The members of the krautrock throwback group K-X-P have backgrounds in a wide range of notable Finnish projects. Anssi Nykanen played with progressive rock guru Pekka Pohjola, Tomi Leppanen was a member of the goofy electro band Aavikka, and Tuomo Puranen played with saxophonist Jimi Tenor. In America, though, the most likely point of reference is Timo Kaukolampi, K-X-P's vocalist and creative foundation, who was the producer and co-writer for Norwegian pop songstress Annie (as well as the instigator who finally convinced Smalltown Supersound to release Don't Stop).
None of these unlikely influences make sense as antecedents to K-X-P, however. For the key to the genesis of this album, one must turn to Op:l Bastards, the turn-of-the-millennium experimental krautrock band of which both Kaukolampi and Puranen were members. This connection highlights Kaukolampi's long fascination with the genre. He certainly has it pegged: there is hardly a moment on this record that is not anchored by an incessant, driving motorik rhythm.
Although K-X-P and Op:l Bastards share an overarching aesthetic, there is a marked difference in tone and atmosphere between the two. K-X-P have none of the hard-edged, dance floor-ready synths that Op:l Bastards sometimes indulged in. K-X-P are sleeker, more concise, and frankly, prettier. One gets the sense that Kaukolampi spent the intervening decade getting a bit more sun than he was previously accustomed to.
The album's opening tracks, “Elephant Man” and “Mehu Moments,” quickly familiarize the listener with the territory that it covers. The drums and bass propel the songs forward at a machinelike pace, and the synths and electronics use this sturdy foundation to build the dynamics, rising and falling in patient melodies. The rest of the album follows this blueprint, with some songs adhering militantly to krautrock prescriptions (“Aibal Dub”) and others stretching out a bit more, at times even dropping the rhythm section completely in favor of extended drones (“Epilogue”).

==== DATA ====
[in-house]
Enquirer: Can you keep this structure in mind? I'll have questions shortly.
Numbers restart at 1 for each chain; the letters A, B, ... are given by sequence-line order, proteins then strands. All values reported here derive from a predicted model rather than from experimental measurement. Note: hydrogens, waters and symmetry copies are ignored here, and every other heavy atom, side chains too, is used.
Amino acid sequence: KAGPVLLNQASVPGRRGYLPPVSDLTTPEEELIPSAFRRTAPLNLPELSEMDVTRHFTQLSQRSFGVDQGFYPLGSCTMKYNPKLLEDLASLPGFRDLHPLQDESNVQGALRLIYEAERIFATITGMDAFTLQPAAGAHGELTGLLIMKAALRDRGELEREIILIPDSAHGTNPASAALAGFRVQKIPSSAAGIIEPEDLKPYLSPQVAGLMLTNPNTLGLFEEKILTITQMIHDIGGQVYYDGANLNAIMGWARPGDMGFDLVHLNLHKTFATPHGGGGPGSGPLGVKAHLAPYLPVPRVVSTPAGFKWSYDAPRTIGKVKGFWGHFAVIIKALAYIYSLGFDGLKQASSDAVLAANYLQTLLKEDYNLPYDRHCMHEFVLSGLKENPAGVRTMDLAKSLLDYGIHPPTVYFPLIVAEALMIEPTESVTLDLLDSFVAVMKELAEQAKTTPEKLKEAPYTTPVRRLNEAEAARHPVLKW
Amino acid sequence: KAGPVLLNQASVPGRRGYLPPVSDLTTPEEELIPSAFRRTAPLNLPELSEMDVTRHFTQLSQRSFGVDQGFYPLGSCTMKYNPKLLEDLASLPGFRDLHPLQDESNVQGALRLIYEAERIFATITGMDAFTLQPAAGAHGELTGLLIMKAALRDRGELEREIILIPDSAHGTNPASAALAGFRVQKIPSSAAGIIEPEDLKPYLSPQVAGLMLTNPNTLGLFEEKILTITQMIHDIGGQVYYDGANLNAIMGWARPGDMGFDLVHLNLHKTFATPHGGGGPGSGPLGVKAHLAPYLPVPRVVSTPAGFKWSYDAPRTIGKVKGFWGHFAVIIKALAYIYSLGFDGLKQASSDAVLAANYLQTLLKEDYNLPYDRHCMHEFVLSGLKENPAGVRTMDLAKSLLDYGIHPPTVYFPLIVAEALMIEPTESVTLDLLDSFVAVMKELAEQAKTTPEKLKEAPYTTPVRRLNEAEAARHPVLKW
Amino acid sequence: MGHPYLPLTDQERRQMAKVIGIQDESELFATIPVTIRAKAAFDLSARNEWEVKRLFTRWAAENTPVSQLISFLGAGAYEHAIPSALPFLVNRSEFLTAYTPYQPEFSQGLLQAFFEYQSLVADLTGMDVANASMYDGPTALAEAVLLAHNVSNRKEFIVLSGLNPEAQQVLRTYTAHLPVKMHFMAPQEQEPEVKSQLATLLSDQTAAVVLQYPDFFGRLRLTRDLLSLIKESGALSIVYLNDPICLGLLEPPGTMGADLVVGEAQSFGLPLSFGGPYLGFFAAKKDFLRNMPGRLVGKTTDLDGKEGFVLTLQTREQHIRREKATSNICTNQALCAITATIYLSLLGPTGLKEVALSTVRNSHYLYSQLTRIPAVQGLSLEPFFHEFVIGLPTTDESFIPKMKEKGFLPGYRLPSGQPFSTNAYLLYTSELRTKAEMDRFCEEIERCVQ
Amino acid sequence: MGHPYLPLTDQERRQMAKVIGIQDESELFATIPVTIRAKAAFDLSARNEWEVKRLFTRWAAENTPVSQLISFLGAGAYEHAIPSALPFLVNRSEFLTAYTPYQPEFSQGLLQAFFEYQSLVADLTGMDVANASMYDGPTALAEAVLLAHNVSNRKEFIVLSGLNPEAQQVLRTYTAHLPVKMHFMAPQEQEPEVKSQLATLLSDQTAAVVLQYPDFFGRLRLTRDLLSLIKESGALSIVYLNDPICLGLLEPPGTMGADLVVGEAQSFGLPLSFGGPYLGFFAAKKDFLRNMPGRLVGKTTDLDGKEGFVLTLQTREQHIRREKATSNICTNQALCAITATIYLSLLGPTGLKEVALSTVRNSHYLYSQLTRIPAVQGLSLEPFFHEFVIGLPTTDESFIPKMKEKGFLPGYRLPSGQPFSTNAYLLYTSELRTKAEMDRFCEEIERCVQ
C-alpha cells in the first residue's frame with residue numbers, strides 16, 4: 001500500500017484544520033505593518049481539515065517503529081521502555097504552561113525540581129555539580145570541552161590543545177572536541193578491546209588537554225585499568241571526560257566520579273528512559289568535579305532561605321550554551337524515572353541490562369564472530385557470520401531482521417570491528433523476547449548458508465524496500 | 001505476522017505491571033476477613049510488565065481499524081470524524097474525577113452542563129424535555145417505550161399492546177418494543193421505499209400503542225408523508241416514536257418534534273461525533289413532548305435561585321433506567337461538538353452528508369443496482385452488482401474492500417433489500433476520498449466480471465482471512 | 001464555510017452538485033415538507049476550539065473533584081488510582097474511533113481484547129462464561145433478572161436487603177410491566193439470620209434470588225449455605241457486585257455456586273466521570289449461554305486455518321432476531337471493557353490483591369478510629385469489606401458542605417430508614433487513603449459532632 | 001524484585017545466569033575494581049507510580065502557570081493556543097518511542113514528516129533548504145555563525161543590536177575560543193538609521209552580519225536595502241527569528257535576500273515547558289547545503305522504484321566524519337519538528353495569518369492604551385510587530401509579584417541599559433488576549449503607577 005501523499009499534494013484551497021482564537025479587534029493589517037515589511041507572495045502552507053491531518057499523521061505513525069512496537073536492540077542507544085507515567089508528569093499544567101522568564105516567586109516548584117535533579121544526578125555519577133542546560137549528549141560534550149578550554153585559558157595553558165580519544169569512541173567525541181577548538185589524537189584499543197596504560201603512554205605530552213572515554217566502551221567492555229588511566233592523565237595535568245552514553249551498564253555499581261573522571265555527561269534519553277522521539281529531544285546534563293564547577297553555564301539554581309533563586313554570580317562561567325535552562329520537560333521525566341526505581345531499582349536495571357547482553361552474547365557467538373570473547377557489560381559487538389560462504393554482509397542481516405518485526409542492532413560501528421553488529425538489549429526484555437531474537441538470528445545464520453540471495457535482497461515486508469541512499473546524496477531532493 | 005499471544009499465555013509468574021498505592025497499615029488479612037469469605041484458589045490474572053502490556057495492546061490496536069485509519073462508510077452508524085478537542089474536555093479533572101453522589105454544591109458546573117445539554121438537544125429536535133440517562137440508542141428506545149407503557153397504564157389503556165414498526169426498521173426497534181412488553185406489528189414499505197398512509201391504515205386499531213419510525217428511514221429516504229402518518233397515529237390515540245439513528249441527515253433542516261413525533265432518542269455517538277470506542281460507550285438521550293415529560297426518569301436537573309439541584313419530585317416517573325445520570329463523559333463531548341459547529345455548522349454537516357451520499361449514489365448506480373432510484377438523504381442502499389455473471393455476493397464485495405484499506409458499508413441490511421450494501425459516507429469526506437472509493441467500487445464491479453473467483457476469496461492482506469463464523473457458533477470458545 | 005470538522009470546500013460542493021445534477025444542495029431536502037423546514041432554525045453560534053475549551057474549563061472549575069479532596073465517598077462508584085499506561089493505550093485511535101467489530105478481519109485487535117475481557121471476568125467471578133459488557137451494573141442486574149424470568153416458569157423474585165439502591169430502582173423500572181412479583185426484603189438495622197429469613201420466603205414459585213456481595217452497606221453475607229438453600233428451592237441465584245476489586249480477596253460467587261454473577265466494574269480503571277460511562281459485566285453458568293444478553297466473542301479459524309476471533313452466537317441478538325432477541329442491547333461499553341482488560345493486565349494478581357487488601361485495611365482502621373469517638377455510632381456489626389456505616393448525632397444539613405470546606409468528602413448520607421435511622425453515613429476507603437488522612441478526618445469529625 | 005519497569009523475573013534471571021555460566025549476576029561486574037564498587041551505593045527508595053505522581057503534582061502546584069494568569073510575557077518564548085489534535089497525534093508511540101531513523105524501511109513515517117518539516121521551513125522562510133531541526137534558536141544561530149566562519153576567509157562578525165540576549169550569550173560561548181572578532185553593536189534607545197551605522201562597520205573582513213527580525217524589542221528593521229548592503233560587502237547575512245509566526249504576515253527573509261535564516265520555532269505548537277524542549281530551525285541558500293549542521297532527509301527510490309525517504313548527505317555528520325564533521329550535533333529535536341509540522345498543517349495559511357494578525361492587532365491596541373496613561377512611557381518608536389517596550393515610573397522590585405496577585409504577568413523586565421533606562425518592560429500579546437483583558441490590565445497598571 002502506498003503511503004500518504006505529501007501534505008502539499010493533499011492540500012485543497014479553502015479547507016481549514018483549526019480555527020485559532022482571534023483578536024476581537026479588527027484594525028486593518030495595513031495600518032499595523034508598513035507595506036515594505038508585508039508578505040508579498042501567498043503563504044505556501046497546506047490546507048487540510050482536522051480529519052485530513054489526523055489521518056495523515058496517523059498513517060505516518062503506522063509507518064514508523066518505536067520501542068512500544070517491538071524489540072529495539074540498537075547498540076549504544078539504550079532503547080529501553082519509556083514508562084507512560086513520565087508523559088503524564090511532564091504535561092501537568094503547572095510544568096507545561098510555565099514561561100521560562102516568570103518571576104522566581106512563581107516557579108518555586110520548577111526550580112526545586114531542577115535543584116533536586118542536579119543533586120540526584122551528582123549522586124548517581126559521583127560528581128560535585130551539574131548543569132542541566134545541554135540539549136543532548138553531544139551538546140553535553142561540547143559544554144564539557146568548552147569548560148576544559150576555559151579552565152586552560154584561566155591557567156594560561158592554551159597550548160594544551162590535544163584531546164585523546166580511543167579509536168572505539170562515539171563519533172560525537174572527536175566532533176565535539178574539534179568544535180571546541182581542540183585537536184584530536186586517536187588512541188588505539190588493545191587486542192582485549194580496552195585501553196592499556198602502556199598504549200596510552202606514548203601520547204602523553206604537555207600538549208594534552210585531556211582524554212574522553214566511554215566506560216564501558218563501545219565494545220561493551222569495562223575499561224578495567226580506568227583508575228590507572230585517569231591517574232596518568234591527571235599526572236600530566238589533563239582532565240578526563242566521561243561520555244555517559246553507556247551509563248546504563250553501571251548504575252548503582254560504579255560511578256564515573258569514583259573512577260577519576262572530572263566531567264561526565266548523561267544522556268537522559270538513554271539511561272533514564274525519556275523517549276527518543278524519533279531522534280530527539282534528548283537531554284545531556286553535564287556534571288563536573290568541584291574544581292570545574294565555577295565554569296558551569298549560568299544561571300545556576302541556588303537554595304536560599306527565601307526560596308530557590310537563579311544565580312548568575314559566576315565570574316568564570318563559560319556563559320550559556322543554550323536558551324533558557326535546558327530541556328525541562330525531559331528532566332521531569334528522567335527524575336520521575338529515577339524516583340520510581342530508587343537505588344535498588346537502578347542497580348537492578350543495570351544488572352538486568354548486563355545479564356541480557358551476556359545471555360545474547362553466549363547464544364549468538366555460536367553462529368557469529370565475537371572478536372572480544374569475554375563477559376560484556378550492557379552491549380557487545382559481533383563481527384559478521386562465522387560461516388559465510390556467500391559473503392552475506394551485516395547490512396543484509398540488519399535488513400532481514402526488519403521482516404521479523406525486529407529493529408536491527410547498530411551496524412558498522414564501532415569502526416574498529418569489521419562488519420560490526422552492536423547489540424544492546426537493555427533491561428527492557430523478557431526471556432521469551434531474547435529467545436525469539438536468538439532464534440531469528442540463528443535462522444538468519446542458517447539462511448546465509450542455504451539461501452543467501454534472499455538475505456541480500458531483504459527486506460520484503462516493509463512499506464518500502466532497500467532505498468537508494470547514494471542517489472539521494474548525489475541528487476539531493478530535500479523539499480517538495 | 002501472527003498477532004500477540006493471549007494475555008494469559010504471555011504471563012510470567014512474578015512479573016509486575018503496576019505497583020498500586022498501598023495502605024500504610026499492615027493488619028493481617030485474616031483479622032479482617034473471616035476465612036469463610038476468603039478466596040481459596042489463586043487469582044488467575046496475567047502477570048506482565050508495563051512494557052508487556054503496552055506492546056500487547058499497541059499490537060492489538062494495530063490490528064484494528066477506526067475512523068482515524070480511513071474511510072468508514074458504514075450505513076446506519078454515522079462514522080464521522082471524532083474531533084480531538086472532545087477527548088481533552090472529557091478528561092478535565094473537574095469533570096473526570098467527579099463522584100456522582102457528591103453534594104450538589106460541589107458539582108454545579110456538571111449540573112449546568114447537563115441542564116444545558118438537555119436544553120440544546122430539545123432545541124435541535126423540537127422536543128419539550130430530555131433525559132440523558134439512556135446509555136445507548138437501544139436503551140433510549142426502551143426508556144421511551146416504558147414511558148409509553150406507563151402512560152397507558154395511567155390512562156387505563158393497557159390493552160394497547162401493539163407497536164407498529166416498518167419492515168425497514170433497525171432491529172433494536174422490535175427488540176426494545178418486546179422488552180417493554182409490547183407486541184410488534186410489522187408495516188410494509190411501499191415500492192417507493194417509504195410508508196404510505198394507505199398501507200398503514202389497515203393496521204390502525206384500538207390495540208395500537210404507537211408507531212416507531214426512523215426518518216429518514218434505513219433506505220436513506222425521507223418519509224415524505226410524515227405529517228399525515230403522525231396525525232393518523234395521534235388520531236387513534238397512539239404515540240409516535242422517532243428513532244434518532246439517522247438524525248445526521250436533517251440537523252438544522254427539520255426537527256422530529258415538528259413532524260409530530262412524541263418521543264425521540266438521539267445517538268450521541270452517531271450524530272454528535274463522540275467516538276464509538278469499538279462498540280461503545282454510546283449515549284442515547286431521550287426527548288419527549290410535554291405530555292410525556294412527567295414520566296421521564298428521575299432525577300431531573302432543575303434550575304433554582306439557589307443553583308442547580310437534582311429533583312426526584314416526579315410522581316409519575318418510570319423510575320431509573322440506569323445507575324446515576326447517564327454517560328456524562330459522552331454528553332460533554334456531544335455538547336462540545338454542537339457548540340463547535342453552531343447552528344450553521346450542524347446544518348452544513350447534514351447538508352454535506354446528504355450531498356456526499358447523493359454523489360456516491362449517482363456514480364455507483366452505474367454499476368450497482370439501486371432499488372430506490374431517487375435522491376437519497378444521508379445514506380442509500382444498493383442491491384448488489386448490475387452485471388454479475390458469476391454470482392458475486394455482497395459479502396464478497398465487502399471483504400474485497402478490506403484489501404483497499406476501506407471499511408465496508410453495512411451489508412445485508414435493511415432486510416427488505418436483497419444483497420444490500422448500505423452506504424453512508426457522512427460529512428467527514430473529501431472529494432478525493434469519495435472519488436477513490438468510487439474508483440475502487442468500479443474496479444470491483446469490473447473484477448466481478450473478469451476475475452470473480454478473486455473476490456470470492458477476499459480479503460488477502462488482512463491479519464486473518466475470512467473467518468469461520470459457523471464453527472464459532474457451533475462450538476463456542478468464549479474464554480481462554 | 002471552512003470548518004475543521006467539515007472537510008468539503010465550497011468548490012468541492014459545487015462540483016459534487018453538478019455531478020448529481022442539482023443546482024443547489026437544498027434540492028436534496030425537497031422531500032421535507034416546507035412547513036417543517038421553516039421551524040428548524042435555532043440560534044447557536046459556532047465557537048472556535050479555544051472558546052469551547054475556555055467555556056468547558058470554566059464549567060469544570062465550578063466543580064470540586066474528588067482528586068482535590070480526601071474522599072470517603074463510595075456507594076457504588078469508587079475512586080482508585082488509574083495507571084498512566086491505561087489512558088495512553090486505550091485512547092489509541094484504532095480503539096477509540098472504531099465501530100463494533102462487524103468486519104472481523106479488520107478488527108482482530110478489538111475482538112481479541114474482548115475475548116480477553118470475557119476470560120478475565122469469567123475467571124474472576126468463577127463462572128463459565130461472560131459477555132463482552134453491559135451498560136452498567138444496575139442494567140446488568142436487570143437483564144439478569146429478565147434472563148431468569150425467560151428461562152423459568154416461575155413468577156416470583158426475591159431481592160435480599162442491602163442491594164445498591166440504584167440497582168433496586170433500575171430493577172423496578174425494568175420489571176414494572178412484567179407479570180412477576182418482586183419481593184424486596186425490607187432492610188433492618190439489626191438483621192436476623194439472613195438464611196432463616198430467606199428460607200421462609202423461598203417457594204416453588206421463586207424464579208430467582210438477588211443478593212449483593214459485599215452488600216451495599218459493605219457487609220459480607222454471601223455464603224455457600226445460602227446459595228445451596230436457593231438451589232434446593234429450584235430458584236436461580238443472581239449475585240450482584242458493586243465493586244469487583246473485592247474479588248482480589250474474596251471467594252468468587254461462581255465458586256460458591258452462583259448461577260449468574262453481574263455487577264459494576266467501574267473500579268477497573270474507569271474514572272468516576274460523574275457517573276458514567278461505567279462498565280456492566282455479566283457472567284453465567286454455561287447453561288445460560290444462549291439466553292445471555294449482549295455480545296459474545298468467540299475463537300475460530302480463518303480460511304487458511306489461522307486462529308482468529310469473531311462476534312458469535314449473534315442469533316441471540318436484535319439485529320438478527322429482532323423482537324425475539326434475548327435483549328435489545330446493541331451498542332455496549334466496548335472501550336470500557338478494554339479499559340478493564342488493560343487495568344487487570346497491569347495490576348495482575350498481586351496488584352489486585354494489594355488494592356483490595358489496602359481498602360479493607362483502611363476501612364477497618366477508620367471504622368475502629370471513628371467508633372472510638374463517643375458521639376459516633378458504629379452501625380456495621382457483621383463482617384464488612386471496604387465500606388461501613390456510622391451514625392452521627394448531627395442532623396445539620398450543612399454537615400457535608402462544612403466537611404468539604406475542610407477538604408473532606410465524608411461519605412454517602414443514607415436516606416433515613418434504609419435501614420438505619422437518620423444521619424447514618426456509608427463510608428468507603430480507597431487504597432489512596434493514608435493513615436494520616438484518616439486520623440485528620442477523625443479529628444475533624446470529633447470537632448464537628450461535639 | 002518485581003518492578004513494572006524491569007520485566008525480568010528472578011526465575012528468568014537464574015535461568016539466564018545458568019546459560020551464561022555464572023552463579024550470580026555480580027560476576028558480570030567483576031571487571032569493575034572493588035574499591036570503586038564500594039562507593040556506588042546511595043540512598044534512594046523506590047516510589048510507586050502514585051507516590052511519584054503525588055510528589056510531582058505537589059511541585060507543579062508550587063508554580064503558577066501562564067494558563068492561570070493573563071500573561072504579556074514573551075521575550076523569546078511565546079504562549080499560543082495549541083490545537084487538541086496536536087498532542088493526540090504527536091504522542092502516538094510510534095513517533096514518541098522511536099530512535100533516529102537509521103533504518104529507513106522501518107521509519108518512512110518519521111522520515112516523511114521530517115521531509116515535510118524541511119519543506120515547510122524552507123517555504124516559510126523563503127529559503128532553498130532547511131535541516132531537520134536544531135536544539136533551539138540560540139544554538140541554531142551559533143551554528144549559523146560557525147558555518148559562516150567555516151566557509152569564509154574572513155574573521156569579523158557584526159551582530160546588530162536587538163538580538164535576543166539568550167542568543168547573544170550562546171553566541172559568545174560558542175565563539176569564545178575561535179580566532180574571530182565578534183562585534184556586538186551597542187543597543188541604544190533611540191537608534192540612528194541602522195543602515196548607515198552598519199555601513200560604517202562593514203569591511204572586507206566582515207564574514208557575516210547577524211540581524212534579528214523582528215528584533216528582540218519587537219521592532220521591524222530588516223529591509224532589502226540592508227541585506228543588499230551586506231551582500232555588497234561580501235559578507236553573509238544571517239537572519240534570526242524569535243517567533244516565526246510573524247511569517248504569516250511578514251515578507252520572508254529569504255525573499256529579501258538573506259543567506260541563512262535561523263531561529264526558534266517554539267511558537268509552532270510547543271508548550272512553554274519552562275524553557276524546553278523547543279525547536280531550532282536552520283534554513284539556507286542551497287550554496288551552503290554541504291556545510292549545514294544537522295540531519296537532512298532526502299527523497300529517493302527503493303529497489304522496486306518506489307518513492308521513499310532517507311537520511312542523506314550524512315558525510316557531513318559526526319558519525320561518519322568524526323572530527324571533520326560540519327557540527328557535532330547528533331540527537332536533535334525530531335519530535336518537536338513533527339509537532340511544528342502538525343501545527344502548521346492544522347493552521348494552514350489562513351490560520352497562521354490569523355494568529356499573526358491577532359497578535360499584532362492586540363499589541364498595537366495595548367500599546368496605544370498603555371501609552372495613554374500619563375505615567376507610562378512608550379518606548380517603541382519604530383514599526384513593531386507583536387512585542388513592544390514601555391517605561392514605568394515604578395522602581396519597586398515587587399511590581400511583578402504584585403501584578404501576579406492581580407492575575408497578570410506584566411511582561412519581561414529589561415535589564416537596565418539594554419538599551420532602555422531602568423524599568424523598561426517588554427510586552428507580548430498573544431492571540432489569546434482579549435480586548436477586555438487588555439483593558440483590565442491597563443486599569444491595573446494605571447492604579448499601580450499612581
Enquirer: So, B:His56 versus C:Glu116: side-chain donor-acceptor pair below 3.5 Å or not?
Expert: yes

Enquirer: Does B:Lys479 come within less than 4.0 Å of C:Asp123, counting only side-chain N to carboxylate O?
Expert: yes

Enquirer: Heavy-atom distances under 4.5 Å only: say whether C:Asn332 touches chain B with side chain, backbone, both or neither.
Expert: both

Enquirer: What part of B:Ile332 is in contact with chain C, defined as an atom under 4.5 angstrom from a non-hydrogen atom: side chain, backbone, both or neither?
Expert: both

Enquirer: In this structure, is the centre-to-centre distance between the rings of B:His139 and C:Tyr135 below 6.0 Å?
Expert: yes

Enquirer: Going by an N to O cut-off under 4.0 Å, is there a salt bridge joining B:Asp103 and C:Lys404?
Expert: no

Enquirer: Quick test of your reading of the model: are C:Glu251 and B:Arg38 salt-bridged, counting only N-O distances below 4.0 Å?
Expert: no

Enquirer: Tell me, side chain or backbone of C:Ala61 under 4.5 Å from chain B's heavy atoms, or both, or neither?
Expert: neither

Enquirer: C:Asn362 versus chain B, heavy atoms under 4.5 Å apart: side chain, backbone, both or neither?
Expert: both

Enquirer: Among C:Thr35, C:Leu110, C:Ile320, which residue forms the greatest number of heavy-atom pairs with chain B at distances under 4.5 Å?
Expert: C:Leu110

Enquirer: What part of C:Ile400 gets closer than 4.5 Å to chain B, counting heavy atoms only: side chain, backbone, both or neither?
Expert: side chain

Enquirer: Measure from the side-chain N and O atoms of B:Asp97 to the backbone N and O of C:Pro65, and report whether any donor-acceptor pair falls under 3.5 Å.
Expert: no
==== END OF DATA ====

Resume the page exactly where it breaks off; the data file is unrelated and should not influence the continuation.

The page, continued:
The album's lone misstep comes in its second half, with “Pockets.” This is the second (and last) time that Kaukolampi's vocals are featured. Unlike “18 Hours (Of Love),” on which they add a distinct dynamic element, here the vocals are needlessly distracting -- an approximation of John Lydon doing his best Droopy the Dog impression and landing dangerously close to ludicrous. It's a shame, given that the track's seven-plus minute running time arguably makes it the album's centerpiece.
Given that K-X-P's intention was to modernize the grooves laid down over 40 years ago by krautrock pioneers like Can and Faust, they've (mostly) succeeded with this debut release. It certainly makes relevant again a genre that is too often confined to the popular music history books.